Press Release, Suspension List
EMA has committed to cutting sales of colistin by 65% after releasing new advice intended to curb the rise of antimicrobial resistance. The publication of final advice on the use of colistin concludes a rapid regulatory rethink over the role of the antibiotic, which was triggered by the discovery of the MCR-1 gene in November.
Having recognized that MCR-1 represented a previously unknown mechanism of resistance to colistin and seen the gene being found around the world, EMA published a draft revision to its advice on the use of the antibiotic in May. Following a comment period in which some organizations called for an outright ban on the use of colistin, EMA has released final advice that limits the antibiotic to a second-line role. EMA is also asking member states to cut their use of colistin to 5 mg per population correction unit over the next three to four years.
If member states comply with this request, EMA forecasts sales of colistin will fall by 65%. Europe has already lowered its use of colistin in recent years. EMA would like to see member states go further still. The regulator sees colistin use of below 1 mg per population correction unit as ideal, but has put 5 mg as the target for “high and moderate” consumers. The decision not to ban colistin completely, as some respondents to the draft advice requested, was underpinned by concerns that a withdrawal would lead to increases in the use of fluoroquinolones and other critically important antimicrobials.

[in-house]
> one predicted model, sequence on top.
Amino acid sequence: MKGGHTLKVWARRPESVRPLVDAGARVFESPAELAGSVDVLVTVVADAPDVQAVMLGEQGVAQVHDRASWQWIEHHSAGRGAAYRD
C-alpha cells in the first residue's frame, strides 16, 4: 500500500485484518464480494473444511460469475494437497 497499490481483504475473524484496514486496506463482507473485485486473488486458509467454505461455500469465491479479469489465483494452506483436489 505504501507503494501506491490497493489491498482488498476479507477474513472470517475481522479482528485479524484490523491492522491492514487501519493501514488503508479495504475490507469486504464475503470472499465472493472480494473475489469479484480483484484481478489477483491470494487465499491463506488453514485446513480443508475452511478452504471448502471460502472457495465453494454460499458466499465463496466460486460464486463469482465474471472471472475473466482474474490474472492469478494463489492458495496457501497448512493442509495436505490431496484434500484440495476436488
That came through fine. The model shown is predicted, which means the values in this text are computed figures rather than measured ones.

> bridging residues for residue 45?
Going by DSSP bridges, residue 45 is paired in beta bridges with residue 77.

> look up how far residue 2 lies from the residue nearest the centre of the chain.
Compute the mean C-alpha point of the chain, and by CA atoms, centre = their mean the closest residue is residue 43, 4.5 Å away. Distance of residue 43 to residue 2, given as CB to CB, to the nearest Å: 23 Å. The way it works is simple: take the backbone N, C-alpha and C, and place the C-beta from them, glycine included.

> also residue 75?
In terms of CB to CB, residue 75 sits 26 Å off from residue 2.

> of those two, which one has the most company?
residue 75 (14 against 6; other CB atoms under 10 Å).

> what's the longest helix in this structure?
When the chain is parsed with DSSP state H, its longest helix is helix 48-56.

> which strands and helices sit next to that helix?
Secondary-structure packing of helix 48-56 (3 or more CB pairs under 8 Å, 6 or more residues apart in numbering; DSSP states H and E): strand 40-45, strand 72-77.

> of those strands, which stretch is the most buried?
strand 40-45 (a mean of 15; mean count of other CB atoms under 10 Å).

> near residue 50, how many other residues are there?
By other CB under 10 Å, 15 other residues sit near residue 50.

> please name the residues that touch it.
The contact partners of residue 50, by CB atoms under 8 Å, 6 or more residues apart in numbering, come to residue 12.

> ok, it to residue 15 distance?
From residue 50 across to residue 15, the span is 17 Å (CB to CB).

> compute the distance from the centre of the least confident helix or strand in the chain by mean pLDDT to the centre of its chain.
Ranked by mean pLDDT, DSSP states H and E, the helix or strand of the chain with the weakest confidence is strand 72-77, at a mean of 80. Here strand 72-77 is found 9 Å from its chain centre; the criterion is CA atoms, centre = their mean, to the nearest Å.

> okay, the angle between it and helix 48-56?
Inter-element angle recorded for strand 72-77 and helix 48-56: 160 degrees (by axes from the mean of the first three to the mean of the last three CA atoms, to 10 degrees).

The restrictions on the use of colistin, which is one of the five most used antibiotics in animals in the European Union, mark the beginning of the end for the brief resurgence of the 50-year-old product. Colistin’s reemergence after decades in which toxicity concerns limited its use was prompted by the rise of resistance to other products. Now, with colistin running into resistance issues of its own, the drug is set to fade away once again.
Press Release, EMA Advice
The Committee for Medicinal Products for Veterinary Use (CVMP) has posted two more sets of draft questions intended to guide the focus of regulatory discussions regarding the use of stem cell-based products. CVMP addresses target animal safety and risk of tumor development in the questions.
Officials have the most questions about tumorigenicity. While the use of mesenchymal stem cells in humans is yet to result in reports of tumor formation, CVMP views it as a valid concern. The question for CVMP is the extent to which these concerns are applicable to veterinary uses of stem cells. In an attempt to gauge the risk of tumorigenicity and what it can do to minimize the threat, CVMP has released nine questions intended to start a discussion on the topic.